I Book Review: Defining Civil and Political Rights: The Jurisprudence of the United Nations Human Rights Committee

DOI10.1177/016934410602400115
Publication Date01 Mar 2006
SubjectPart D: DocumentationI Book Review
172
Alex Conte, Scott Davidson, Richard Burchill,
Defining civil and political
rights: the jurisprudence of the United Nations Human Rights Committee,
Ashgate, Aldershot, 2004, xxi + 257 p., ISBN: 0-7546-2279-7*
The United Nations Human Rights Committee (hereafter: the Committee) draws
increasing attention from scholars. According to the preface, the authors apparently
hoped to complement Manfred Nowak’s ‘bible’ on the International Covenant on
Civil and Political Rights (hereafter: the Covenant) published in 1993.
1
Shortly after
their publication, however, Nowak’s second, revised, edition was published.
2
Nowak’s book is approximately five times the size of Conte et al.’s book, so a proper
comparison is not possible. The present review will therefore discuss this book on its
own merits.
The three authors have each prepared a number of chapters. The book first
presents an overview of the Covenant and the Committee, dealing with general
issues such as the nature of the Covenant rights and the functions of the Committee.
The second chapter describes the procedure under the Optional Protocol. It deals
briefly with the various admissibility requirements, there is no presentation or
discussion of the Committee’s case-law on admissibility requirements. The
subsequent eight chapters deal with the rights guaranteed under the Covenant.
First, the right of self-determination (Article 1) is discussed, followed by
‘democratic and civil rights’. In the latter chapter, the authors discuss nine
provisions, including freedom of movement (Articles 12 and 13 – the latter deals
with aliens – IB), freedom of thought, conscience and religion, expression, and the
prohibition of war propaganda and incitement to hatred and violence (Articles 18,
19 and 20), freedom of assembly and association (Articles 21 and 21), the right to be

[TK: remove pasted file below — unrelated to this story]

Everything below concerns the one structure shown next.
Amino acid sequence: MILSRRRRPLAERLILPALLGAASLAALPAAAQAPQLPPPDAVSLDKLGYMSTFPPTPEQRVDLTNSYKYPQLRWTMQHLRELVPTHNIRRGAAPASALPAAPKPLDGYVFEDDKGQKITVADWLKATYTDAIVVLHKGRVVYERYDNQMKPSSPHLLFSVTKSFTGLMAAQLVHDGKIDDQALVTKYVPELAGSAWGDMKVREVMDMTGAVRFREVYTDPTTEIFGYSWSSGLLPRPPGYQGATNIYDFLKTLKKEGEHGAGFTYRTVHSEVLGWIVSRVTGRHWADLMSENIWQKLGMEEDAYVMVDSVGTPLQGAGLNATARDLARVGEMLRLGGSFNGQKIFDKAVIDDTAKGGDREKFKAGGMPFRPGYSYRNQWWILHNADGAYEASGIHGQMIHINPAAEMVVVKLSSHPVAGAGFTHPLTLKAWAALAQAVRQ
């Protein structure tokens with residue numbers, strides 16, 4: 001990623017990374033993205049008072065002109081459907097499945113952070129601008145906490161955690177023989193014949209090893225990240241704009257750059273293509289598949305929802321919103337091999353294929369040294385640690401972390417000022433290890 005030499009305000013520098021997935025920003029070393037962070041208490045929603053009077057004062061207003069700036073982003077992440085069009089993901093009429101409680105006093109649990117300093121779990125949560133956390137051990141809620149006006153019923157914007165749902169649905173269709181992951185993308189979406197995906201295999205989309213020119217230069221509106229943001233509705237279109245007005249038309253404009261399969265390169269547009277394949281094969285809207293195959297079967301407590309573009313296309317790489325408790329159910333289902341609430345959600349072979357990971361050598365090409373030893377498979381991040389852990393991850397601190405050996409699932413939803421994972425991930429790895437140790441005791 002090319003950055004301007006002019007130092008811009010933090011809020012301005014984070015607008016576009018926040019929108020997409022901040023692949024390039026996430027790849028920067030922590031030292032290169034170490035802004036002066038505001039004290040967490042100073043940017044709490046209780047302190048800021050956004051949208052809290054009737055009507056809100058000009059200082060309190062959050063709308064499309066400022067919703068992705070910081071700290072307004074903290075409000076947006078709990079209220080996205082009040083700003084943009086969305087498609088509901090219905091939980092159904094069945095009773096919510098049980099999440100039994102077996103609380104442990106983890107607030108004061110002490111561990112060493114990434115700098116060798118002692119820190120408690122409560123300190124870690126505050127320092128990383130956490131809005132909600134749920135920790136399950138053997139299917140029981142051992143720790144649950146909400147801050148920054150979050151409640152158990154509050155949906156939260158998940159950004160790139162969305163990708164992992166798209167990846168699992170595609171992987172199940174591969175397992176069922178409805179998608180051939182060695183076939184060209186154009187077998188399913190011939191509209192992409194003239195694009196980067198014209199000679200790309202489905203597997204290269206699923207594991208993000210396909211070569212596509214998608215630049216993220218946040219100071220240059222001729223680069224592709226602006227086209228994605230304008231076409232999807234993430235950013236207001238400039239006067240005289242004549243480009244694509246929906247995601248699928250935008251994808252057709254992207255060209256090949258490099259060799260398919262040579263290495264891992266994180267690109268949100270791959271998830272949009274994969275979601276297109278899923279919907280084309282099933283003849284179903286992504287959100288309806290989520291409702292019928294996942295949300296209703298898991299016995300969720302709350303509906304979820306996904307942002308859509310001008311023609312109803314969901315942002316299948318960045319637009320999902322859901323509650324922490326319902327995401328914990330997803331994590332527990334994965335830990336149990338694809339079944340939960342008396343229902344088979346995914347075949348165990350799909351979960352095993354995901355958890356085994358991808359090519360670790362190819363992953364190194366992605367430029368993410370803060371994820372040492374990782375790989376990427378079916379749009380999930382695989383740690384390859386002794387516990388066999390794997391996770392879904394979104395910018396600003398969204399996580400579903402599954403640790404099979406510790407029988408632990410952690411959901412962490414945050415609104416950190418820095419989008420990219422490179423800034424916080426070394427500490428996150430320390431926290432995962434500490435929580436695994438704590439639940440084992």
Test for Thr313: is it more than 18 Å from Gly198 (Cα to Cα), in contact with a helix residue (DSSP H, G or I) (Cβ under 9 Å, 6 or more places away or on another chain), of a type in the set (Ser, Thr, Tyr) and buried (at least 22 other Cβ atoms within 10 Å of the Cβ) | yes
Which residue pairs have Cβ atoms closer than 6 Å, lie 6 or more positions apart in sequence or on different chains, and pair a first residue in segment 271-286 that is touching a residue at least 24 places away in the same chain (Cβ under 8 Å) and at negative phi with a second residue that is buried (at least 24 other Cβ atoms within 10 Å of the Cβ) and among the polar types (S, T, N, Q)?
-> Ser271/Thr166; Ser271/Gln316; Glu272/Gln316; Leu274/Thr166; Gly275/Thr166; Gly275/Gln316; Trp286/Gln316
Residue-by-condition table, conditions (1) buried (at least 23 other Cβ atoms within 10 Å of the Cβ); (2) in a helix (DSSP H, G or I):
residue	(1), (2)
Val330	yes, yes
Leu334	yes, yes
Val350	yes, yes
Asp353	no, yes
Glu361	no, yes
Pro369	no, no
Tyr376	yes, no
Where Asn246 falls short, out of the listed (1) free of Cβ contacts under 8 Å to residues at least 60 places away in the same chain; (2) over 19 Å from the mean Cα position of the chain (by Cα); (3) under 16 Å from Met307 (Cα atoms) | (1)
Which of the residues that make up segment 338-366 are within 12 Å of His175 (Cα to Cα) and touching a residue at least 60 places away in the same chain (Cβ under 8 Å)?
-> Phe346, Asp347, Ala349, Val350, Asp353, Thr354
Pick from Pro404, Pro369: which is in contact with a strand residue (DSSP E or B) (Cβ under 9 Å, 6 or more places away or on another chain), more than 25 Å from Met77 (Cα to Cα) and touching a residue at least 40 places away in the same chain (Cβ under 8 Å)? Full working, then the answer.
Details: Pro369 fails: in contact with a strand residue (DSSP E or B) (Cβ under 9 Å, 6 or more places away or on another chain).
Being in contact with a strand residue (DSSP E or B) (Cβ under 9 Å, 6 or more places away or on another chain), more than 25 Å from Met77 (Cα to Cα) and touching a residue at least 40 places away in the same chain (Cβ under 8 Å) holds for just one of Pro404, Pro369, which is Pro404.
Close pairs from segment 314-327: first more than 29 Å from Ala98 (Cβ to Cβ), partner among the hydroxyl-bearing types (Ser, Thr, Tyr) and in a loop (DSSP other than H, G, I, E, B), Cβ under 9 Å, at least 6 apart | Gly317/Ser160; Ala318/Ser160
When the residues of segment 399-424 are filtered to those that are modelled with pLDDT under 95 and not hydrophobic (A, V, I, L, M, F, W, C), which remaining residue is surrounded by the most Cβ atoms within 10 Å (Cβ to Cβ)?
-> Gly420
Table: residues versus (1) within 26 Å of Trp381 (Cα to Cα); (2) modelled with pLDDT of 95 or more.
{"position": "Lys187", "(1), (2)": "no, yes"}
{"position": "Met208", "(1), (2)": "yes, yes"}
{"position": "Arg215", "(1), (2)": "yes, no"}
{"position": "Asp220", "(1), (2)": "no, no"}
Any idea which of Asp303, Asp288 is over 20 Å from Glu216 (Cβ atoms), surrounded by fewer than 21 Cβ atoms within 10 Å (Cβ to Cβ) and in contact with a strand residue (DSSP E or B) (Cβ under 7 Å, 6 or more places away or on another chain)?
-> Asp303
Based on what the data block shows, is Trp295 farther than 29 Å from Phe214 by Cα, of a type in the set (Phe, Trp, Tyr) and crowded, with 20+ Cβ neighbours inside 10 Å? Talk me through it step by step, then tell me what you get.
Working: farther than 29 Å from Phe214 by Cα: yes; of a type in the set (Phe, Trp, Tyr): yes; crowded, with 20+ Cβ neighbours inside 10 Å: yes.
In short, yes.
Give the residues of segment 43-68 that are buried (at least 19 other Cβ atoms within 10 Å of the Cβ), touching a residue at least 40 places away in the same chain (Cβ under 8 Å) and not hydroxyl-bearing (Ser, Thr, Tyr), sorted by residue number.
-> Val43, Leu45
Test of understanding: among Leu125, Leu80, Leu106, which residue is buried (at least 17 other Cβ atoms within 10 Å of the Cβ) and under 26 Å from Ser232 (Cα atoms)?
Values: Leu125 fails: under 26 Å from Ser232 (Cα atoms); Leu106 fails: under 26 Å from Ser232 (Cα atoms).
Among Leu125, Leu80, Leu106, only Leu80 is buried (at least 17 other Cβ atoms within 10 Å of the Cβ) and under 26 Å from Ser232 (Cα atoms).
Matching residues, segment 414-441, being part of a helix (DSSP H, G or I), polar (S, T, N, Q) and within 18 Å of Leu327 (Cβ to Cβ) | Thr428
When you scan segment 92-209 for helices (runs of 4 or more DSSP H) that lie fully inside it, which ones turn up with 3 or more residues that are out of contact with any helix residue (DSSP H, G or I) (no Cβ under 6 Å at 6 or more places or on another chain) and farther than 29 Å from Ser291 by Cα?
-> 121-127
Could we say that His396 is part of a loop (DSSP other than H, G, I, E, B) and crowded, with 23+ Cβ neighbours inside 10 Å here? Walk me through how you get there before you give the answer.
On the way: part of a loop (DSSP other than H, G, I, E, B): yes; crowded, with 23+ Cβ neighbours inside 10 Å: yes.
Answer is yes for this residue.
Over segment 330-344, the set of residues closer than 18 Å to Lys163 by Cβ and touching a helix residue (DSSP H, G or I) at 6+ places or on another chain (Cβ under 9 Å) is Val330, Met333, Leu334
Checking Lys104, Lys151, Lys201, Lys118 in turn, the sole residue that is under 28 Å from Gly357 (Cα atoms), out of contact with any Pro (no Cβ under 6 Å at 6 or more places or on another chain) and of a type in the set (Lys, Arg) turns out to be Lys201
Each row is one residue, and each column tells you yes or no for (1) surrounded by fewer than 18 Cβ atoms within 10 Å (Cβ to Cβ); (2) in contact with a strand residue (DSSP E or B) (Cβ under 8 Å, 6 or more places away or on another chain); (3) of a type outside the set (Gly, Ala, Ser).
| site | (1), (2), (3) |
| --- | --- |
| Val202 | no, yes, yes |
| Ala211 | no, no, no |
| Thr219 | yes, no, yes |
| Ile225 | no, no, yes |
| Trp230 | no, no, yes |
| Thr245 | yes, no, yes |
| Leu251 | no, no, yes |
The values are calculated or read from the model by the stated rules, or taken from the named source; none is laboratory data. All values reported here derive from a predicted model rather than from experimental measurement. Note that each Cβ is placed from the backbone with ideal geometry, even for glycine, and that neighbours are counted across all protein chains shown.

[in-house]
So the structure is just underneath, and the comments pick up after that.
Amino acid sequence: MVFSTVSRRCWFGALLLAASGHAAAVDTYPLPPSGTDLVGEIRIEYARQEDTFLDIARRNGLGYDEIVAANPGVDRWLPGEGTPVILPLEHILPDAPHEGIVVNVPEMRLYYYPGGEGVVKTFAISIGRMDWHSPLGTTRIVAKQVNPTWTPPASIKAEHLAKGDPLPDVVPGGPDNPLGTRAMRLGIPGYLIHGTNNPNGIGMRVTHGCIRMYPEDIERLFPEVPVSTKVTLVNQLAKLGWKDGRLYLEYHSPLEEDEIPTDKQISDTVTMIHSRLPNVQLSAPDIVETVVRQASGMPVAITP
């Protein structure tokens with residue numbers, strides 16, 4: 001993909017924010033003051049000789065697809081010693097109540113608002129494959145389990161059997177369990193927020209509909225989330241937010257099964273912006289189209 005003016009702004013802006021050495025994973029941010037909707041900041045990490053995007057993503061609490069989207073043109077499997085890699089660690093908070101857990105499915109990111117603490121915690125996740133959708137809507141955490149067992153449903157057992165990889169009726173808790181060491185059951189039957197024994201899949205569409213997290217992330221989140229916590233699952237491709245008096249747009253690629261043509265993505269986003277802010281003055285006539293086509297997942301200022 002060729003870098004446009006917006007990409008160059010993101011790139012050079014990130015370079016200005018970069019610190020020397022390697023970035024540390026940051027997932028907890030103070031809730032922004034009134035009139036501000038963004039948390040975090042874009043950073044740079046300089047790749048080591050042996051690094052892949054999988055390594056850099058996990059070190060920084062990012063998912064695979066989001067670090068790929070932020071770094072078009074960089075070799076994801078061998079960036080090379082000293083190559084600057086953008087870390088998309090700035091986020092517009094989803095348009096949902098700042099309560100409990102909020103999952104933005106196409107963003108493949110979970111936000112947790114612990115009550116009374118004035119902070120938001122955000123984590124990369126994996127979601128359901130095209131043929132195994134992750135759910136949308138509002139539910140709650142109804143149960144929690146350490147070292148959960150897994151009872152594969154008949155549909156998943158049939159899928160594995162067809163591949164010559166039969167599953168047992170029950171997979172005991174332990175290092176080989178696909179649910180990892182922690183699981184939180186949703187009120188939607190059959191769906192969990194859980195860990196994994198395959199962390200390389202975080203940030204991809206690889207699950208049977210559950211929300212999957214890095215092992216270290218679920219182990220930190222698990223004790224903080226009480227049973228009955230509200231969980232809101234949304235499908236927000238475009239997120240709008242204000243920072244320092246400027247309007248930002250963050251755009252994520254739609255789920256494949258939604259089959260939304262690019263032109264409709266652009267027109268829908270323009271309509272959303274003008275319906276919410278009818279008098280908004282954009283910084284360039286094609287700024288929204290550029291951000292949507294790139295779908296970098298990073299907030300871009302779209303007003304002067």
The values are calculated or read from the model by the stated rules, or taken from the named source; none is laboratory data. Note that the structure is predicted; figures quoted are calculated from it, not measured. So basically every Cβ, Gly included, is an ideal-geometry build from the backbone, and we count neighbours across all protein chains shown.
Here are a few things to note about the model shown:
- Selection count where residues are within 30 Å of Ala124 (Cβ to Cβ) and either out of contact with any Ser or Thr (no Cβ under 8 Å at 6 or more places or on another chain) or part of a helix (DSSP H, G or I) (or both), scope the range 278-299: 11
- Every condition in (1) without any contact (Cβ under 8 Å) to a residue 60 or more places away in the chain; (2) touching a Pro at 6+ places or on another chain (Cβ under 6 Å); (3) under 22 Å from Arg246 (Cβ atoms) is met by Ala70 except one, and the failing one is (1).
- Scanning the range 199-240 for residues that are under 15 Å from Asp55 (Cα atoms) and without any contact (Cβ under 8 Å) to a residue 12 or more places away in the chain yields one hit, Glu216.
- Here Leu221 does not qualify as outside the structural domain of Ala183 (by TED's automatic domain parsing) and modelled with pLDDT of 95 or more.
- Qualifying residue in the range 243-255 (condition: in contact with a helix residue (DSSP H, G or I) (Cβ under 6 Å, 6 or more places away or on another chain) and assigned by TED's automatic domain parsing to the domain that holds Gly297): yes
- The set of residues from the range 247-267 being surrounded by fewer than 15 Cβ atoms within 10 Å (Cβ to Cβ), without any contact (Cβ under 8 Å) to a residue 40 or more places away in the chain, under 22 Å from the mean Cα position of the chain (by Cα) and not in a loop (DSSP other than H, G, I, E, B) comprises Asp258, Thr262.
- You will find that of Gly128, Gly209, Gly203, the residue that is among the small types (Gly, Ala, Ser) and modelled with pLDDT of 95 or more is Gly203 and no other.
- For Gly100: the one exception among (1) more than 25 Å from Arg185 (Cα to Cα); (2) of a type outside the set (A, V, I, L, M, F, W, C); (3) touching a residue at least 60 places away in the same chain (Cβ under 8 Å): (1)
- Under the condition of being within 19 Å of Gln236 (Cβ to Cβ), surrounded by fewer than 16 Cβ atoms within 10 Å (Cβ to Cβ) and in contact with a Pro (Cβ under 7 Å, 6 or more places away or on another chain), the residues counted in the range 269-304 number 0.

recognised as a person before the law (Article 16) and electoral rights (Article 25).
Then follows ‘security of the person’, covering the right to life, the prohibition of
torture and other ill-treatment, the prohibition of slavery and forced labour and the
right to liberty and security of person (Articles 6-10). Chapter 6 deals with the
judicial process (Articles 14 and 15) and includes also the prohibition of
imprisonment for failure to perform a contract (Article 11). Privacy, honour and
reputation (Article 17) is dealt with in Chapter 7, followed by equality and non-
discrimination (Articles 2(1), 3, 4(1), 14(1), 20, 23, 24, 25 and 26). The final two
chapters deal with minority rights (Article 27) and rights of the family and children
(Articles 23 and 24), respectively. The Appendices contain the text of the Covenant,
the Optional Protocol and the status of ratification of both instruments.
The substantive chapters are structured according to a pattern. First, there is a
brief introduction to the chapter’s subject, followed by the text of the article and a
subject-by-subject presentation of case-law, which also includes references to
relevant general comments. The authors have structured the case-law on the basis
of the sub-headings in the Covenant, and additional categories, where the
Committee’s case-law gave reason to do so. For example, there is a separate
heading for ‘medical treatment’ under Article 10(1), dealing with the right to
Documentation
* Ineke Boerefijn is Senior Lecturer at the Netherlands Institute of Human Rights, Utrecht
University, the Netherlands.
1
And not Convention, as stated in the preface.
2
Nowak, Manfred, U.N. Covenant on Civil and Political Rights: CCPR commentary, 2nd rev. ed., Engel,
Kehl am Rhein, 2005.

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